How much energy does a pack of killer whales have? They thrive on one another, often moving into a feeding frenzy when they smell blood in the water. Given the opportunity to feed, they take advantage of it. What is even more interesting is that they hunt as a pack, as well; stalking, creating feints, bold flanking movements are all in their playbook.

My friend Luis Rivera, a US Army Colonel stationed in Korea, recently sent me an article detailing the importance of energy in organizations. He knows what that means, after all, he’s postured on the frontier of freedom.

Energy is an important part of leading a great organization. It’s contagious. When leaders can build and sustain energy in their teams they create excitement and enthusiasm. This, in turn, begets more enthusiasm. And when the team senses an opportunity, the feeding frenzy ensues.

One of the greatest challenges to this is to create an anticipatory environment that allows said energy to focus on finding and exploiting opportunities. Many organizations tout being a “predictive” organization, which, by definition, amounts to a little more than guessing.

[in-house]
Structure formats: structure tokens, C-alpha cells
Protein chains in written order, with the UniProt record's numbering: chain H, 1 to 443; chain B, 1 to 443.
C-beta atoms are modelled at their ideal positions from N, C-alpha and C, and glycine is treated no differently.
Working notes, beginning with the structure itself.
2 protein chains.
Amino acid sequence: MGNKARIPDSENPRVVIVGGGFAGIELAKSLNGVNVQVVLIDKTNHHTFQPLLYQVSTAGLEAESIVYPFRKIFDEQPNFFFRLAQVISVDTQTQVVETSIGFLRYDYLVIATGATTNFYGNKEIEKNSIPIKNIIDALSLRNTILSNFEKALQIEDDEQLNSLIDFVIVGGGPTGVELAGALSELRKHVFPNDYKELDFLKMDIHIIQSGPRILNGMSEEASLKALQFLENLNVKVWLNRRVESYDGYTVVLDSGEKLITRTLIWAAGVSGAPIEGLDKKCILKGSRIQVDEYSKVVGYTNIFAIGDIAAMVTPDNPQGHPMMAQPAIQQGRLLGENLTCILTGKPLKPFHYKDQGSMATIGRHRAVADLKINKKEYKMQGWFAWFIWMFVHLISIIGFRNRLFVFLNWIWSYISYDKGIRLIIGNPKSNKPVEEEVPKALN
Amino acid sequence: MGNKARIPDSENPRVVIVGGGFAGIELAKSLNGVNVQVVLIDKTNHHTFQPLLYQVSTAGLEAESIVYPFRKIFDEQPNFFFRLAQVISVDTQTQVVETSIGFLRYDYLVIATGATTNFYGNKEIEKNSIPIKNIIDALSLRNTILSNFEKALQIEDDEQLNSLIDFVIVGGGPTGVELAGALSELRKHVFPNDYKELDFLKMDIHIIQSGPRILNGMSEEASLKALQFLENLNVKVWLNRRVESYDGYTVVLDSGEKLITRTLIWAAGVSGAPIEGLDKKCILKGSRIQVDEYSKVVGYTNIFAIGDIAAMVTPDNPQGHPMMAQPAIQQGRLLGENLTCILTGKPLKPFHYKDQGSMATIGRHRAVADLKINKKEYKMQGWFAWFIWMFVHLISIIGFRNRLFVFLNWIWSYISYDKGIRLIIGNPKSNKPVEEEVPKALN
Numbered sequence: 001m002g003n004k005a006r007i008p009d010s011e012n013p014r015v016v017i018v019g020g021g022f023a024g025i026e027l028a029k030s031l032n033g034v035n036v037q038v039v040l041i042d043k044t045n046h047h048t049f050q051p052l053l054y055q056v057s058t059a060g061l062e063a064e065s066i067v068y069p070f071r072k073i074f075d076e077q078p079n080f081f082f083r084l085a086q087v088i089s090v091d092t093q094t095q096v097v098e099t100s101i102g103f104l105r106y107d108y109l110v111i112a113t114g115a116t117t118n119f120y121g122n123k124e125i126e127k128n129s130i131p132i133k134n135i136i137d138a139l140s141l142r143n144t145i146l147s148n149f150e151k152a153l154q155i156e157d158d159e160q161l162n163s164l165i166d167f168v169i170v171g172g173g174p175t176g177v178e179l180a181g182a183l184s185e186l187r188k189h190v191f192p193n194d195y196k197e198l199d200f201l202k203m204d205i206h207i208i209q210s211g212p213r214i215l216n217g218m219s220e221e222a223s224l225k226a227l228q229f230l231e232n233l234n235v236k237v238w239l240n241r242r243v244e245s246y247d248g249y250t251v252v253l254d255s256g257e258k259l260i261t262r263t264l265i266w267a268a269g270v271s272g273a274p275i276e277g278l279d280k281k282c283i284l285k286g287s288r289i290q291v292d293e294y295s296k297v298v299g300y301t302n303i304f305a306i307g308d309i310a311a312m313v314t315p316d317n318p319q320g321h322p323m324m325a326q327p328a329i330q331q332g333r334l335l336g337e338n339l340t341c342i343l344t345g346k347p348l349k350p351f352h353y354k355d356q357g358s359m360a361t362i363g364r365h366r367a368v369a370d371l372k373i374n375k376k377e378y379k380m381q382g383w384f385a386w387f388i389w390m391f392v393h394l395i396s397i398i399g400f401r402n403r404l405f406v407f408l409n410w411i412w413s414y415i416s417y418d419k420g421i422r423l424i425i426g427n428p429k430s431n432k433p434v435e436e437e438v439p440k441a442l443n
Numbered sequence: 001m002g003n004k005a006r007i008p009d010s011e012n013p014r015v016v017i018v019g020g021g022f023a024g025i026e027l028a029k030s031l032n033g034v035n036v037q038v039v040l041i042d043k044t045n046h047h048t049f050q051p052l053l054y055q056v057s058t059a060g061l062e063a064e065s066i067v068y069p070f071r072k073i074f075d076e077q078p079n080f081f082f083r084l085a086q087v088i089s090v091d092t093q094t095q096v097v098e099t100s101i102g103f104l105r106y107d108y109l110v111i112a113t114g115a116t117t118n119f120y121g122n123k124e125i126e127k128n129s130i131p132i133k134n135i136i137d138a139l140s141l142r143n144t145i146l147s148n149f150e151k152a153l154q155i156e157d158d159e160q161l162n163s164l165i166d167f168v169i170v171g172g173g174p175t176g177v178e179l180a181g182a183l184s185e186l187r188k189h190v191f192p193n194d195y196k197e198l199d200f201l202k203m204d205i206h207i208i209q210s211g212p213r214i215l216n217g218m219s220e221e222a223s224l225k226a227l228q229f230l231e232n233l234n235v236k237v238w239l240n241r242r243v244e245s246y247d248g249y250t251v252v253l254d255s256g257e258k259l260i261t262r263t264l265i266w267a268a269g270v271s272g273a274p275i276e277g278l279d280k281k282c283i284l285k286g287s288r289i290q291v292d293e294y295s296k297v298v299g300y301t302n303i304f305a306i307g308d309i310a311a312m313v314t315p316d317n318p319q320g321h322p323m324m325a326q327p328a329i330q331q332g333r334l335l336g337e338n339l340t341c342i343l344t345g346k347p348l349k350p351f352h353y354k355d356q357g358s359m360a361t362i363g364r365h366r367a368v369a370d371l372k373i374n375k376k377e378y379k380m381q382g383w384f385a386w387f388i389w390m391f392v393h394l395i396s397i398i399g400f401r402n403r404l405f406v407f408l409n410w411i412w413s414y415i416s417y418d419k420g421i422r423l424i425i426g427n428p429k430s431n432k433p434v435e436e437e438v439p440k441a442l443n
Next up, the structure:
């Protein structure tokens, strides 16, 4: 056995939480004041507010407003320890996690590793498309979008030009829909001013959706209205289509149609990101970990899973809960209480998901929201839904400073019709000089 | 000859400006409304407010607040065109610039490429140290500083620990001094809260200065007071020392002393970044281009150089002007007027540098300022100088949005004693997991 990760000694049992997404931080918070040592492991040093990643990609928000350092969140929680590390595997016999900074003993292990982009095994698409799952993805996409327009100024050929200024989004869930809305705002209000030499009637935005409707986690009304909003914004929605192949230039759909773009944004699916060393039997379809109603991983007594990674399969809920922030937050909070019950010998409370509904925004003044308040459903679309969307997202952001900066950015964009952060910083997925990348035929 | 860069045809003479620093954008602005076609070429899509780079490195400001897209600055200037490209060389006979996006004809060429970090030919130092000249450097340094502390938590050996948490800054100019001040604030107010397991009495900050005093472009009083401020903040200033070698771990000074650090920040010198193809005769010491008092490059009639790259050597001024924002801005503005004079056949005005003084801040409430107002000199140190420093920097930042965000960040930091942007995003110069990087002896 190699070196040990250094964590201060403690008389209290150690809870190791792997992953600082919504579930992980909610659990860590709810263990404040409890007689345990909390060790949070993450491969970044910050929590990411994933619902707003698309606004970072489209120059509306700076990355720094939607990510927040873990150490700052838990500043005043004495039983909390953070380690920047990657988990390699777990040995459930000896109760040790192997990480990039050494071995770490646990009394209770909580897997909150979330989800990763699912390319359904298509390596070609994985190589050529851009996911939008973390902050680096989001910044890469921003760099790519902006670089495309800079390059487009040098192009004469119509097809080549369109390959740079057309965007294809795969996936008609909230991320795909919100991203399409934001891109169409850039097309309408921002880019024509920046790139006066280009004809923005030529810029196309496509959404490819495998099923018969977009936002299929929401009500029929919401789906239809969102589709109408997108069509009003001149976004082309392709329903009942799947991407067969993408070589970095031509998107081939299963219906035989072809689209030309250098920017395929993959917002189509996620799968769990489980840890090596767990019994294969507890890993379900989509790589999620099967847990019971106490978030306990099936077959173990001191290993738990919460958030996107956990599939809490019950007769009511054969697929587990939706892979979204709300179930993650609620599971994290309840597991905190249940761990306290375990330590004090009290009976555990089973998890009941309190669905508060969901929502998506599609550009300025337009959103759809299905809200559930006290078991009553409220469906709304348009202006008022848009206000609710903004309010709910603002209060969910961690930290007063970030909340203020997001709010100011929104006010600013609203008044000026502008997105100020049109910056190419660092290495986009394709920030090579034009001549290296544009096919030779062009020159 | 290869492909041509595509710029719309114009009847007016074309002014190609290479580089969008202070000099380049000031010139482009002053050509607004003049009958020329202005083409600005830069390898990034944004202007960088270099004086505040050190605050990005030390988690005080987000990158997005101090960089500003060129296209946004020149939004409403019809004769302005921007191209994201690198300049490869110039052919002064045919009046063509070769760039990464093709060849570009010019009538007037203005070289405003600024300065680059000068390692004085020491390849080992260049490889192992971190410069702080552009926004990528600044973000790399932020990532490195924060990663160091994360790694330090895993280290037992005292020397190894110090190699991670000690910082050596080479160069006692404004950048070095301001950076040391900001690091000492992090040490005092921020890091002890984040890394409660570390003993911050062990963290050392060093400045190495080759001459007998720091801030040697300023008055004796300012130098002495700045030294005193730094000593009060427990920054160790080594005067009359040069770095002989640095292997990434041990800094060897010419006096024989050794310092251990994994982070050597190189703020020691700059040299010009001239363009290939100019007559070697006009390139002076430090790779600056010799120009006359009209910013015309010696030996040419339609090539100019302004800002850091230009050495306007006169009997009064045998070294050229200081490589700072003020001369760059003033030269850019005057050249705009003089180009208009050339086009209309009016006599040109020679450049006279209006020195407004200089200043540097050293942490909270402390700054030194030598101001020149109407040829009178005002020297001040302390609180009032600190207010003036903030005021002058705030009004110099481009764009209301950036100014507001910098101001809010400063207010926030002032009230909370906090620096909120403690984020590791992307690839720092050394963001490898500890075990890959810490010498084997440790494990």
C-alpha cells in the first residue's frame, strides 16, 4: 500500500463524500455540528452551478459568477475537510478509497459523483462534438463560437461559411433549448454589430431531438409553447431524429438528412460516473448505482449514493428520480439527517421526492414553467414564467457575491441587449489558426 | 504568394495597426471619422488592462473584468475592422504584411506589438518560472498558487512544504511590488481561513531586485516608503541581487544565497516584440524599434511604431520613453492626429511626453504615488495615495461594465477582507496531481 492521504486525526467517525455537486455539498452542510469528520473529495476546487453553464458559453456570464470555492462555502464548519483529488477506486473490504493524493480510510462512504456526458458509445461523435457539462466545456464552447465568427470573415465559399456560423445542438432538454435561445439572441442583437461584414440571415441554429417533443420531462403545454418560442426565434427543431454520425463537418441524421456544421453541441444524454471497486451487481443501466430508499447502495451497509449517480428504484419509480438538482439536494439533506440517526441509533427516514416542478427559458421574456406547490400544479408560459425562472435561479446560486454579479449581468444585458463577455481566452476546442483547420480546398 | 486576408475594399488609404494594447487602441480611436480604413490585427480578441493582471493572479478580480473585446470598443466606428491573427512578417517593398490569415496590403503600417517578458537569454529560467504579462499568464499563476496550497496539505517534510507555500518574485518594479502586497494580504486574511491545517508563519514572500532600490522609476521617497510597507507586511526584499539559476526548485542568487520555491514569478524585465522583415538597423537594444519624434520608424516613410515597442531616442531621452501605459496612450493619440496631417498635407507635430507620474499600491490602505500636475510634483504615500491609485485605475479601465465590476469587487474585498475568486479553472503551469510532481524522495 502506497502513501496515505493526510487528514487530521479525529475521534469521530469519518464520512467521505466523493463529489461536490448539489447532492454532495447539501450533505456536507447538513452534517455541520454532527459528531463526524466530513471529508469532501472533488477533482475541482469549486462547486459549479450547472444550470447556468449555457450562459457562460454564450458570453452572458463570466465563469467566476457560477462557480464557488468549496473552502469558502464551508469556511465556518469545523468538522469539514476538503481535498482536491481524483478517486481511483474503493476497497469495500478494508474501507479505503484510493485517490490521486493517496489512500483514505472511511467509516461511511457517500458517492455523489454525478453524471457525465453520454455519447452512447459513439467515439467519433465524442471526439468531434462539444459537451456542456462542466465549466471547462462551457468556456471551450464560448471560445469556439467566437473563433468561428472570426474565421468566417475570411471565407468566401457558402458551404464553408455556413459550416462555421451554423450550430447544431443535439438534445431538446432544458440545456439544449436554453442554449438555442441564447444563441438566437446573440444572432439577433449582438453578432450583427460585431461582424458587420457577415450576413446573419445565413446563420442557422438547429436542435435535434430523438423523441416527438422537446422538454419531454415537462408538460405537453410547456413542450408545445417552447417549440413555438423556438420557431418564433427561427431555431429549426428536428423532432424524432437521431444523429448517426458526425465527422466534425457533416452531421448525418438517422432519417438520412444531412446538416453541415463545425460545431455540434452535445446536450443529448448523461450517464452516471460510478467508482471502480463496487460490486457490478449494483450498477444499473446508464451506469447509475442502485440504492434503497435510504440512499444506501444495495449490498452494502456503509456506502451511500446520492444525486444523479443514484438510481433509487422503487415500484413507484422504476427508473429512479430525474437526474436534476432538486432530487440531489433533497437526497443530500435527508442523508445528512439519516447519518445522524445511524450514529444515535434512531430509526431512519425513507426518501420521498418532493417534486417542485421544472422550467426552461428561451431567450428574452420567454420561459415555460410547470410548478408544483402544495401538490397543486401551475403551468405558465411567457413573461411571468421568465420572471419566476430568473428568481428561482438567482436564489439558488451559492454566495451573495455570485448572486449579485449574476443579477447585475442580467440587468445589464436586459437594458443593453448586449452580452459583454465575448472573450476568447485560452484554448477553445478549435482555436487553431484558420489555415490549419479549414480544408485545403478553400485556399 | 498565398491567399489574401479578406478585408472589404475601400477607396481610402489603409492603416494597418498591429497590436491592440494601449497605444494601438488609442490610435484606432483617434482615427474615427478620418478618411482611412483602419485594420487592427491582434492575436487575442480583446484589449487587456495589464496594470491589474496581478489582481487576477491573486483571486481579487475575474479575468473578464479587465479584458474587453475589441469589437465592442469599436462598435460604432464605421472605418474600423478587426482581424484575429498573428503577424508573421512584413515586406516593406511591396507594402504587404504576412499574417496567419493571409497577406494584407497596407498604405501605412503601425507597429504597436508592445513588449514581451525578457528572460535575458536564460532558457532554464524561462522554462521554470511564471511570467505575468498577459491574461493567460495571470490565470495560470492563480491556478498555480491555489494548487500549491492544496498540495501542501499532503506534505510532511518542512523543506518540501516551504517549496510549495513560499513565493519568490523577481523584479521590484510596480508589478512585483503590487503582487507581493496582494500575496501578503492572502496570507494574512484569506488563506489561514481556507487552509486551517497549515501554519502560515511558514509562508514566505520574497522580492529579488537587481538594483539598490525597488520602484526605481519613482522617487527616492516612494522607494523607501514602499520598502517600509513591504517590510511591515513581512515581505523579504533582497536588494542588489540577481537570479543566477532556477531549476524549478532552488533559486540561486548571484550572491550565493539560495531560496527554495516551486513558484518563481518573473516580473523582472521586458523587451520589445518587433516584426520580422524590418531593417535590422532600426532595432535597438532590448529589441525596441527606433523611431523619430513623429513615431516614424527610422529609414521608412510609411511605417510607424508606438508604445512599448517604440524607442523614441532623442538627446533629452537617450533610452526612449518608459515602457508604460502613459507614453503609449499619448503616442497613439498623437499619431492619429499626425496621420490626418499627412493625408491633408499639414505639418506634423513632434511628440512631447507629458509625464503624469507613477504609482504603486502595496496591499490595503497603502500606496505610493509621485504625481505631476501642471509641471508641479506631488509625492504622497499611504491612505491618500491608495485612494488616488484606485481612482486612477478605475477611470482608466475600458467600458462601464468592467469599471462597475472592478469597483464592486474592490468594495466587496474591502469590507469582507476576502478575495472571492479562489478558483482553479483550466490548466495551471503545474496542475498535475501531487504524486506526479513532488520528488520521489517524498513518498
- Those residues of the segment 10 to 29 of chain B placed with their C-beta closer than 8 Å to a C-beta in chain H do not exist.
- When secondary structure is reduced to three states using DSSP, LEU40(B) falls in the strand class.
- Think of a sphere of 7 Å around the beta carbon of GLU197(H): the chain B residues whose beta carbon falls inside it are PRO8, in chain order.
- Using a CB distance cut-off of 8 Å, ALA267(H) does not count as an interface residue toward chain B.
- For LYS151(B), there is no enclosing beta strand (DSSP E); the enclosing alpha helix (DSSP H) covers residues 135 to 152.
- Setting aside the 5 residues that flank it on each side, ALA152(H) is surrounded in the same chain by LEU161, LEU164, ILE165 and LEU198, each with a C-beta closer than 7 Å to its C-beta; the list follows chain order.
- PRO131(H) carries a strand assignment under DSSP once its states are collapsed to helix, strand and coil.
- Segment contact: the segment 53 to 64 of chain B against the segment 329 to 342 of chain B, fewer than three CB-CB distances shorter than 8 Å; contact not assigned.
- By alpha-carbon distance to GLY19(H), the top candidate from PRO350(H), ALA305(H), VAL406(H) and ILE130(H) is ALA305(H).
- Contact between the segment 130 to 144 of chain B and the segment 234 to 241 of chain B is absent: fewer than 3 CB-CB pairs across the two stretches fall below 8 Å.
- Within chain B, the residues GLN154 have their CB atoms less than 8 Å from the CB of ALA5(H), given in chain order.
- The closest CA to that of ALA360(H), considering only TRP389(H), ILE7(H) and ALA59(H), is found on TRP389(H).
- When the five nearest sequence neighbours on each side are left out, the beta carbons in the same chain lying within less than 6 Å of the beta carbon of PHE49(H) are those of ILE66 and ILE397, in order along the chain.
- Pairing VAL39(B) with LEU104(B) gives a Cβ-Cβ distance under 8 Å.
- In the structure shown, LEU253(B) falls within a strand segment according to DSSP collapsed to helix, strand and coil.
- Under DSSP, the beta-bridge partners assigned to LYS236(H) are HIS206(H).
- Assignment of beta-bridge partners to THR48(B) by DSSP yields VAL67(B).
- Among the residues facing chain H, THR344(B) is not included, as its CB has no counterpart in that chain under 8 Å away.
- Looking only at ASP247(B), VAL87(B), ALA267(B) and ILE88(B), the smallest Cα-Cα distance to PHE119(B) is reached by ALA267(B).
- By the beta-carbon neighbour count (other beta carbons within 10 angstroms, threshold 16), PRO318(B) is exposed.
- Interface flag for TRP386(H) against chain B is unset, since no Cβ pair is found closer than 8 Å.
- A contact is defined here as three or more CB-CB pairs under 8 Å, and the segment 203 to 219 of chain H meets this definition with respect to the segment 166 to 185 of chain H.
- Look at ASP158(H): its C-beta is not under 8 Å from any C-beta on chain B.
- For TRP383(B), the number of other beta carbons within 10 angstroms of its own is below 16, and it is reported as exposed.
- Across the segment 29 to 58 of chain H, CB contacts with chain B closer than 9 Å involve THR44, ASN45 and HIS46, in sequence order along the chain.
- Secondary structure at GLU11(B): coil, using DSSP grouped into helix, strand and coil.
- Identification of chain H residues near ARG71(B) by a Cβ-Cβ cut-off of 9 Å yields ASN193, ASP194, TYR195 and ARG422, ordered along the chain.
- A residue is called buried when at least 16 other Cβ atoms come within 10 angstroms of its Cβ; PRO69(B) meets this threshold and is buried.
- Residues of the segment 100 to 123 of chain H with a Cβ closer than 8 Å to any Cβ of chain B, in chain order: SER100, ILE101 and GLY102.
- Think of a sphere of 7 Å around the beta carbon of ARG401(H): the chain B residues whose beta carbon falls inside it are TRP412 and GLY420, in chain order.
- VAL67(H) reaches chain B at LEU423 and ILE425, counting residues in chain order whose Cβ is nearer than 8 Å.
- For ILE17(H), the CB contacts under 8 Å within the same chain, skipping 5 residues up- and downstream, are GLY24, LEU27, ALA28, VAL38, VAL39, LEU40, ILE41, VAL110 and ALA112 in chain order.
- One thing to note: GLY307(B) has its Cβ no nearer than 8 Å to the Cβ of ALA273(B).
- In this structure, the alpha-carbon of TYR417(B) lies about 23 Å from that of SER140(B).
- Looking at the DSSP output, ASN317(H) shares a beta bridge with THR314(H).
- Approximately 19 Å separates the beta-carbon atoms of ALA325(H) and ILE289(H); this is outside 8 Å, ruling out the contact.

Anticipatory teams understand their environment so well that a small change in the environment creates a gap in their thinking they know demands an answer. Because they understand their environment, they have done their homework and can effectively activate the part of their brain that controls what enters their brain – or not.

The Reticular Activating System helps filter the information we need and ignores the rest. It helps us focus on the subtle changes in our environment that present opportunities. When these opportunities present themselves, the team filled with energy is postured to leverage them. They have the right leaders, the right systems, and the right teams established and ready to feed.

Organizations with the right energy enthusiastically observe their environment, daring it to change in anticipation of what they will do when it does. They have postured the right leaders, systems, and teams to take advantage of opportunities. They patrol their environment like a pack of killer whales sniffing for blood; stalking, flanking, posturing for the opportunity to feed.

Are you building an anticipatory team filled with energy, postured to strike?